… you’ve got to go to Nepal. So much for the ‘ol land of opportunity moniker, at least for now. If you want to race Nepalis you’re going to have to travel. Above pic of some really fast dudes who won’t be coming to a town near you, from Himalayan Singletrack.
For your Munday’s entertainment on Tuesday (sorry, stuck on a super secret film set yesterday) here’s a recap of how the Yak Attack adventure began, which I’m updating since the site of this blog has moved since I began posting last year. I’ve been waiting post race reports, primarily, to try and help raise money to bring some of the Nepali racers to the states for international exposure. On Friday, unfortunately, the their visa requests were declined, apparently because they don’t make enough money to be categorized tourists or professional athletes. This bizarre act of ignorance seems out of place–even for a country that holds an event called “The World Series” that doesn’t invite other countries to participate. Next year they will try again.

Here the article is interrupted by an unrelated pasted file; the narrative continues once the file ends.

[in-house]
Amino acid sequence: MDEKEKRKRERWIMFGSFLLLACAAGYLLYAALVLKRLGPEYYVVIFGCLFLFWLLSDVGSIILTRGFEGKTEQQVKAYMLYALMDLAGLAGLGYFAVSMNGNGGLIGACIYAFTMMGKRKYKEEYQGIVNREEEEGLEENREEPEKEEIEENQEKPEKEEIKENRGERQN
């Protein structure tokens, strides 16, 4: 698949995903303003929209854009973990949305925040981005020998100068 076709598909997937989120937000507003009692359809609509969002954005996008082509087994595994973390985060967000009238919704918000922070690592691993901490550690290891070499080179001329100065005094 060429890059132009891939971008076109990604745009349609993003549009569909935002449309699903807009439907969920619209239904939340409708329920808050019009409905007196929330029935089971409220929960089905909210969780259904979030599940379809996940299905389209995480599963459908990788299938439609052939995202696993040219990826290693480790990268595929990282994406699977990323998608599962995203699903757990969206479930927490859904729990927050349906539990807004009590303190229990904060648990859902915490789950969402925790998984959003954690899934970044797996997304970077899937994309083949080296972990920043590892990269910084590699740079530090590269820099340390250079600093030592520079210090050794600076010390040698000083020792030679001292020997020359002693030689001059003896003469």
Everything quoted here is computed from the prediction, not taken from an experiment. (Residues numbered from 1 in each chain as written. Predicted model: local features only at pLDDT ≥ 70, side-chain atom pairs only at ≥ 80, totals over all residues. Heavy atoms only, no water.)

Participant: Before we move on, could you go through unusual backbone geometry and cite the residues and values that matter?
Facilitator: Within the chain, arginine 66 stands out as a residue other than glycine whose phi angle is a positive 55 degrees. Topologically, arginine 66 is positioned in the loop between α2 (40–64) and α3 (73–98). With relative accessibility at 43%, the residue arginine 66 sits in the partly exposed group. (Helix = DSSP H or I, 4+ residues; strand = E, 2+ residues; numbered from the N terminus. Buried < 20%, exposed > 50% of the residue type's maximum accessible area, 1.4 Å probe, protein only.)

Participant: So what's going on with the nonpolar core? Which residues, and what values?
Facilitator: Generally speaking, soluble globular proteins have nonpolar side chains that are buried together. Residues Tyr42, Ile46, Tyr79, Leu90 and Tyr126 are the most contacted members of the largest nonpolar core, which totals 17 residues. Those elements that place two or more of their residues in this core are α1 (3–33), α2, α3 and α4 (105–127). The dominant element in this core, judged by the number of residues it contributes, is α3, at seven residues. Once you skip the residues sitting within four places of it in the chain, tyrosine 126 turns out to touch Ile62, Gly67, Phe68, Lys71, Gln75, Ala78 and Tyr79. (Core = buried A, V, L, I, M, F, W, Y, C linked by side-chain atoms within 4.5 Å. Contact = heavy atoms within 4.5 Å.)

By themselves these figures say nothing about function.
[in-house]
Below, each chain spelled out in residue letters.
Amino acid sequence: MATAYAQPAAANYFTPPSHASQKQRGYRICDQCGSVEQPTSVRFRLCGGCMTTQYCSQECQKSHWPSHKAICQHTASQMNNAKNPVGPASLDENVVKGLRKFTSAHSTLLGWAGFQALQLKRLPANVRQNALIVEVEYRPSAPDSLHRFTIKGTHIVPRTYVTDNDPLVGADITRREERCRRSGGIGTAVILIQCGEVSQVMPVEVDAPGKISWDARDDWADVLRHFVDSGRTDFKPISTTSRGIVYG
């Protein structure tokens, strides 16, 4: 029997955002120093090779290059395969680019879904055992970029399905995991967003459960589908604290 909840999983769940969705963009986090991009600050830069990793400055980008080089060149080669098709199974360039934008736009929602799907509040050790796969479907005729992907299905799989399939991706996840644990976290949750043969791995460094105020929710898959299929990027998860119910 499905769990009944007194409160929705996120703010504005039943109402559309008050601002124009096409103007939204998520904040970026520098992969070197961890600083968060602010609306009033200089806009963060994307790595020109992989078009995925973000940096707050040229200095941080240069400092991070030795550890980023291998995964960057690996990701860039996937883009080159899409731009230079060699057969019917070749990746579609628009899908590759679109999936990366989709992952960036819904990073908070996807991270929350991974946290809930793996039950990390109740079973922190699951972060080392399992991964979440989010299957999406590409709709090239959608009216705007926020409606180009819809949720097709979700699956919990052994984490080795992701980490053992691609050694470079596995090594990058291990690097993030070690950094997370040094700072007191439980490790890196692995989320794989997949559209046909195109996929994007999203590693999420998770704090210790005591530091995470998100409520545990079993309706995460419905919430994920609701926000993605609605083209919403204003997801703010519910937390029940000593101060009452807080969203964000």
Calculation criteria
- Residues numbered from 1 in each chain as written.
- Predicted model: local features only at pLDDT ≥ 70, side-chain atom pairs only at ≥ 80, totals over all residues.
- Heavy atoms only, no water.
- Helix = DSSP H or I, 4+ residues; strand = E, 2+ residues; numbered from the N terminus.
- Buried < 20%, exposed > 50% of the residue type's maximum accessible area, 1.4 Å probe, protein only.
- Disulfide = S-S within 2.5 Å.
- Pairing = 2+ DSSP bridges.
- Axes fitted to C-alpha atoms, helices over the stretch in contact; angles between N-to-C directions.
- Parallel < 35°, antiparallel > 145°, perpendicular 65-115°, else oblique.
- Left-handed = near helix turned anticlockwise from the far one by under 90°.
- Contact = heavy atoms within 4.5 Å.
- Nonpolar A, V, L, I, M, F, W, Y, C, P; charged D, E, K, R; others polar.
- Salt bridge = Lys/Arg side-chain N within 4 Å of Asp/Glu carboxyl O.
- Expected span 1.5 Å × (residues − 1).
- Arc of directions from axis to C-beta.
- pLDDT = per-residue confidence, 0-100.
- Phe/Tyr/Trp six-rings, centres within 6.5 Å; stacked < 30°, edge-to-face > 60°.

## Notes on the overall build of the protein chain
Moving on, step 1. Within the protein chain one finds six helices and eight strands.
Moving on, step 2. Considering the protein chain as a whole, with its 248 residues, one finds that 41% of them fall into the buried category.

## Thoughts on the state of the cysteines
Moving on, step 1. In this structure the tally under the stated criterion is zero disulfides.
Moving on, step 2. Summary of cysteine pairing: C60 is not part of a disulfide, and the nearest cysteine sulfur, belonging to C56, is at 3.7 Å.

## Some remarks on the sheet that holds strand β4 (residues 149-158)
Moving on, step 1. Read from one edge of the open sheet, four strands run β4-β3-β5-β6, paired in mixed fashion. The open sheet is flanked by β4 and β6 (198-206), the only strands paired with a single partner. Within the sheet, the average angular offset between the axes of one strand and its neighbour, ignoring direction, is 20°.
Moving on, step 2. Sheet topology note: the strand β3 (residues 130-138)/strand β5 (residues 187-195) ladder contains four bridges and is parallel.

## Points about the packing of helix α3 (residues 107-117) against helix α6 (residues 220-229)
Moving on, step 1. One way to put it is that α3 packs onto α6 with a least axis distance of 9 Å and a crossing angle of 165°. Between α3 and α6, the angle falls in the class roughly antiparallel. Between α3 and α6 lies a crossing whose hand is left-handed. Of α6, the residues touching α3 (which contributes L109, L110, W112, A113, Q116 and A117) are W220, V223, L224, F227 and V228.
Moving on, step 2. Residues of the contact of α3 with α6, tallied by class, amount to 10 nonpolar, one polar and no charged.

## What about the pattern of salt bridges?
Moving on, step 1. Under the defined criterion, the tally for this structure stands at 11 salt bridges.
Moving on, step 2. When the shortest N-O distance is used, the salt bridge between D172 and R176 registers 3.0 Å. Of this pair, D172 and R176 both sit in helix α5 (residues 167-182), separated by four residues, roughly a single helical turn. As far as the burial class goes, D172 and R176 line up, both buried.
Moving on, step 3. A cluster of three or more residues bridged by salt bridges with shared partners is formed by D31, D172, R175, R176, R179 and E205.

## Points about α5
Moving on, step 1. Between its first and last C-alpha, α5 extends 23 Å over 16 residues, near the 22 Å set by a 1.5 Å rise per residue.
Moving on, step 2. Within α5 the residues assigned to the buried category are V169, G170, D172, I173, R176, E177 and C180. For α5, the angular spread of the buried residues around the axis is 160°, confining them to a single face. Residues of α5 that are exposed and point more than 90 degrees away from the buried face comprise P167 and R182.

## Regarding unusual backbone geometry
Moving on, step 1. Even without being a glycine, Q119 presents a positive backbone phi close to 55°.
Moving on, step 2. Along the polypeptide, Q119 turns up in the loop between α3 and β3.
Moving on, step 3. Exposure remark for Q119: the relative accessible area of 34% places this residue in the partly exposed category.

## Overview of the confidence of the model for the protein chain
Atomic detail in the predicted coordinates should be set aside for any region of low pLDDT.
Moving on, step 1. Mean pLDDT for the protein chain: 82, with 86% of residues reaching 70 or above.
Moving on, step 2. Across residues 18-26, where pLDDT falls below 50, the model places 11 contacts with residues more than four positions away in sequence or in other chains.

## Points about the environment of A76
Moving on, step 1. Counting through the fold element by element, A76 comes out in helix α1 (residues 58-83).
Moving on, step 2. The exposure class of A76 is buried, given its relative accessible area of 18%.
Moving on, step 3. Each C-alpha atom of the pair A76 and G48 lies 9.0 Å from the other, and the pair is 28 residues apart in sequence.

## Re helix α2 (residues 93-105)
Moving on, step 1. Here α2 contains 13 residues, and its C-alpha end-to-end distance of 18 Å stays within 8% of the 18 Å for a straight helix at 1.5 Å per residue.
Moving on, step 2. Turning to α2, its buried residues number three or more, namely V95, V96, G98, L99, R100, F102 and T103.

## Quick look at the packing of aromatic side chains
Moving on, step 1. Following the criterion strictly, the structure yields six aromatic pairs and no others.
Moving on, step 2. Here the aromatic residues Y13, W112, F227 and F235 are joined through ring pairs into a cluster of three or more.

Yak Attack founder Phil Evans didn’t start the race as a stage for westerner’s to adventure. His goal was to put Nepali bike riding on the map and offer the locals a chance to ride in the Olympics. Currently the IOC offers no way for them to qualify. The situation is definitely on the up swing but decisions like this are a huge set back. Feel free to be pissed.
Anyway, I’ve been yappin’ about this year now for over a year. My race reports, a stage-by-stage account, will happen over the next couple of weeks. Here’s a recap of what I’ve posted about the race, which is mainly video from other people.
The 29er Shootout, which bike should I bring?